morals


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mor·al

 (môr′əl, mŏr′-)
adj.
1. Of or concerned with the judgment of right or wrong of human action and character: moral scrutiny; a moral quandary.
2. Teaching or exhibiting goodness or correctness of character and behavior: a moral lesson.
3. Conforming to standards of what is right or just in behavior; virtuous: a moral life.
4. Arising from conscience or the sense of right and wrong: a moral obligation.
5. Having psychological rather than physical or tangible effects: a moral victory; moral support.
6. Based on strong likelihood or firm conviction, rather than on the actual evidence: a moral certainty.
n.
1. The lesson or principle contained in or taught by a fable, a story, or an event.
2. A concisely expressed precept or general truth; a maxim: likes to follow the moral "To each, his own."
3. morals Rules or habits of conduct, especially of sexual conduct, with reference to standards of right and wrong: a person of loose morals; a decline in the public morals.

[Middle English, from Old French, from Latin mōrālis, from mōs, mōr-, custom; see mē- in Indo-European roots.]

mor′al·ly adv.
Synonyms: moral, ethical, virtuous, righteous
These adjectives mean in accord with right or good conduct. Moral applies to personal character and behavior: "Our moral sense dictates a clearcut preference for these societies which share with us an abiding respect for individual human rights" (Jimmy Carter).
Ethical stresses idealistic standards of right and wrong: "Ours is a world of nuclear giants and ethical infants" (Omar Bradley).
Virtuous implies moral excellence and loftiness of character: "The life of the nation is secure only while the nation is honest, truthful, and virtuous" (Frederick Douglass).
Righteous emphasizes moral uprightness; when it is applied to actions, reactions, or impulses, it often implies justifiable outrage: "It was righteous anger that motivated letters written by whistle-blowing employees" (Sandra P. Thomas).
ThesaurusAntonymsRelated WordsSynonymsLegend:
Noun1.morals - motivation based on ideas of right and wrong
motivation, motive, need - the psychological feature that arouses an organism to action toward a desired goal; the reason for the action; that which gives purpose and direction to behavior; "we did not understand his motivation"; "he acted with the best of motives"
hedonism - the pursuit of pleasure as a matter of ethical principle
conscience, moral sense, scruples, sense of right and wrong - motivation deriving logically from ethical or moral principles that govern a person's thoughts and actions
Christ Within, Inner Light, Light Within, Light - a divine presence believed by Quakers to enlighten and guide the soul
Translations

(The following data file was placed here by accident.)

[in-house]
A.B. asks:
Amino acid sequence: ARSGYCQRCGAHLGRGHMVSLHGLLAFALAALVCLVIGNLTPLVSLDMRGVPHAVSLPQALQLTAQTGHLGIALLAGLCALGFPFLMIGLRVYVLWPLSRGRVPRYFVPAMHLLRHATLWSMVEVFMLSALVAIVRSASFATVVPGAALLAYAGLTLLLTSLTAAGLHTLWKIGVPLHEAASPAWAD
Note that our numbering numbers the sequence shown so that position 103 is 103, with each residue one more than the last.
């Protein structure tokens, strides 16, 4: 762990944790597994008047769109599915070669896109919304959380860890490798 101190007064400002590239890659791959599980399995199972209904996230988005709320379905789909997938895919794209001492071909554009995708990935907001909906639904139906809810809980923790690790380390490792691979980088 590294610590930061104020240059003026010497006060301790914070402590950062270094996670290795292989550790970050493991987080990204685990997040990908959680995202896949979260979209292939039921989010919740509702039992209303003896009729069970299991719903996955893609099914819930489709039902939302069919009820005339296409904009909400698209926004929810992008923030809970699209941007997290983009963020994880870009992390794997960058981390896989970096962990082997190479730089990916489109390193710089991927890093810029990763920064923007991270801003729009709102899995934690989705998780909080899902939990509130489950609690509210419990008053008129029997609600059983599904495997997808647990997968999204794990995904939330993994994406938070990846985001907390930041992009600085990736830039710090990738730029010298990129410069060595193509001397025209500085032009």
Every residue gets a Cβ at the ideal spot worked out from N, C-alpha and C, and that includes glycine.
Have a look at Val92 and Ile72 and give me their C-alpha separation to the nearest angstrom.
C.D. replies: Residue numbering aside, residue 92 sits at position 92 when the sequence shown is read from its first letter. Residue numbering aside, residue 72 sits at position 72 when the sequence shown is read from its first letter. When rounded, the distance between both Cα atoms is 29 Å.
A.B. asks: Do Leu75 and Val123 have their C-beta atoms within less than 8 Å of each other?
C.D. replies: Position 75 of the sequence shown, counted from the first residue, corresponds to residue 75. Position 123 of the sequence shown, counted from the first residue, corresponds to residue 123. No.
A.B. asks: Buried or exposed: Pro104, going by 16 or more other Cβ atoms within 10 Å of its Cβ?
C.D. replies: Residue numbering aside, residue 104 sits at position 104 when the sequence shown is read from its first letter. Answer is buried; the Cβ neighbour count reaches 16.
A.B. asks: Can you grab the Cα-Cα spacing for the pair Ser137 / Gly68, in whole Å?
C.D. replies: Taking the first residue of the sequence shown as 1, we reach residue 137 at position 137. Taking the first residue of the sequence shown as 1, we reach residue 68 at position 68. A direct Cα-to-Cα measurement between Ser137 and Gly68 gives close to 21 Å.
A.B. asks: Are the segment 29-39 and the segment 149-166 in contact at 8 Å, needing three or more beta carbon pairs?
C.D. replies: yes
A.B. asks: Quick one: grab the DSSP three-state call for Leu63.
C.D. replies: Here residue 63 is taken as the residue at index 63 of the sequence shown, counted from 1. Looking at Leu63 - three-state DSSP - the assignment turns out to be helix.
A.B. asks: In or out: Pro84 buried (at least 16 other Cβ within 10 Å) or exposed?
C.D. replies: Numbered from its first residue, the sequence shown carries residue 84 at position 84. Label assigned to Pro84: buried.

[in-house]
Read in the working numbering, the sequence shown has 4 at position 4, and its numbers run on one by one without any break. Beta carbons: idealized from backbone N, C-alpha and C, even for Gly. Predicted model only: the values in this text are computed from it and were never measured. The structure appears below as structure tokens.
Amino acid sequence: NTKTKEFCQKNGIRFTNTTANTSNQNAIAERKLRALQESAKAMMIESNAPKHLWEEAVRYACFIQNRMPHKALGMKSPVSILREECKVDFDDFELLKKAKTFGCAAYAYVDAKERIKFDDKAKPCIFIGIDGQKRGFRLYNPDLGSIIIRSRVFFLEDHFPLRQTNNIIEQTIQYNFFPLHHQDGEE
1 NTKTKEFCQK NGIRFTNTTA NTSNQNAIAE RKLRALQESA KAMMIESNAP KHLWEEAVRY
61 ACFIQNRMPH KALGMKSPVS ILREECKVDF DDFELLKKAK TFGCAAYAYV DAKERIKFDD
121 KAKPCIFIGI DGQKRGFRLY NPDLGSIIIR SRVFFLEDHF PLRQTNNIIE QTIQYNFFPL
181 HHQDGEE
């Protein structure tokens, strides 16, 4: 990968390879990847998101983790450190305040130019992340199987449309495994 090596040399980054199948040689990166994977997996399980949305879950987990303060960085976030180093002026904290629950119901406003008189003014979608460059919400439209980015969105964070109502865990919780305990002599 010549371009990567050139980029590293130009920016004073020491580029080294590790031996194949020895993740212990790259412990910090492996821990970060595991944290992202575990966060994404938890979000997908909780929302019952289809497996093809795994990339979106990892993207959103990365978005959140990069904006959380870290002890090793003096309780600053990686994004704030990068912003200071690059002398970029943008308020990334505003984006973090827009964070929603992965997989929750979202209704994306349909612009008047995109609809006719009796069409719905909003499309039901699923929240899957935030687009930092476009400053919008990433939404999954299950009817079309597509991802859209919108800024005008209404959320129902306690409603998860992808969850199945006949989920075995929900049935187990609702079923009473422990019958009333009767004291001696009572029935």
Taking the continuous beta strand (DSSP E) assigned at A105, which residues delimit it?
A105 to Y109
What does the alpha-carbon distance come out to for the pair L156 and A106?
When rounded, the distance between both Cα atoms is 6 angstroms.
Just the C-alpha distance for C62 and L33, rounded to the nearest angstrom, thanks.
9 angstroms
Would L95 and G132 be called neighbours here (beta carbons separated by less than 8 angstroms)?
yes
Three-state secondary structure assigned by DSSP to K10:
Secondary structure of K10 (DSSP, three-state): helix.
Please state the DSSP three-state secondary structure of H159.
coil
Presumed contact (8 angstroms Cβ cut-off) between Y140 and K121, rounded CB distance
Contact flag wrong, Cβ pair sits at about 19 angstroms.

أخْلاقأخْلَاقٌ
mravymorálka
moralmoralbegrebermoralfølelse
moraali
moral
erkölcsök
siîferîiskennd
品行
윤리
moral
หลักความประพฤติ
quy tắc đạo đức

moral

(ˈmorəl) adjective
of, or relating to, character or behaviour especially right behaviour. high moral standards; He leads a very moral (= good) life.
noun
the lesson to be learned from something that happens, or from a story. The moral of this story is that crime doesn't pay.
ˈmorally adverb
moˈrality noun
morals noun plural
one's principles and behaviour. He has no morals and will do anything for money.

morals

أخْلَاقٌ mravy moralbegreber Moral ήθη moralidad moraali morale moral principi morali 品行 윤리 moralen etikk morały princípios morais нравы moral หลักความประพฤติ ahlak kuralları quy tắc đạo đức 品行
References in classic literature ?
He declared them to be, like all other morals, merely an expedient for protecting a certain type of man.
CON tal que las costumbres de un autor," says Don Thomas de las Torres, in the preface to his "Amatory Poems" "sean puras y castas, importo muy poco que no sean igualmente severas sus obras" -- meaning, in plain English, that, provided the morals of an author are pure personally, it signifies nothing what are the morals of his books.
He is a great teacher, a corrector of morals, a censor of vice, and a commender of virtue.
Merely that it has not been so long known in morals, as the other countries of Christendom.
A MORAL Principle met a Material Interest on a bridge wide enough for but one.
There is such a thing as moral courage, and moral courage is never without effect.
I can't tell you just now what the moral of that is, but I shall remember it in a bit.
The moral I draw is that the writer should seek his reward in the pleasure of his work and in release from the burden of his thought; and, indifferent to aught else, care nothing for praise or censure, failure or success.
We may get into moral entanglements; before we know it, we may be in the midst of a struggle between good and evil.
Since the objects of imitation are men in action, and these men must be either of a higher or a lower type (for moral character mainly answers to these divisions, goodness and badness being the distinguishing marks of moral differences), it follows that we must represent men either as better than in real life, or as worse, or as they are.
The Moral Law causes the people to be in complete accord with their ruler, so that they will follow him regardless of their lives, undismayed by any danger.
The moral force of the attacking French army was exhausted.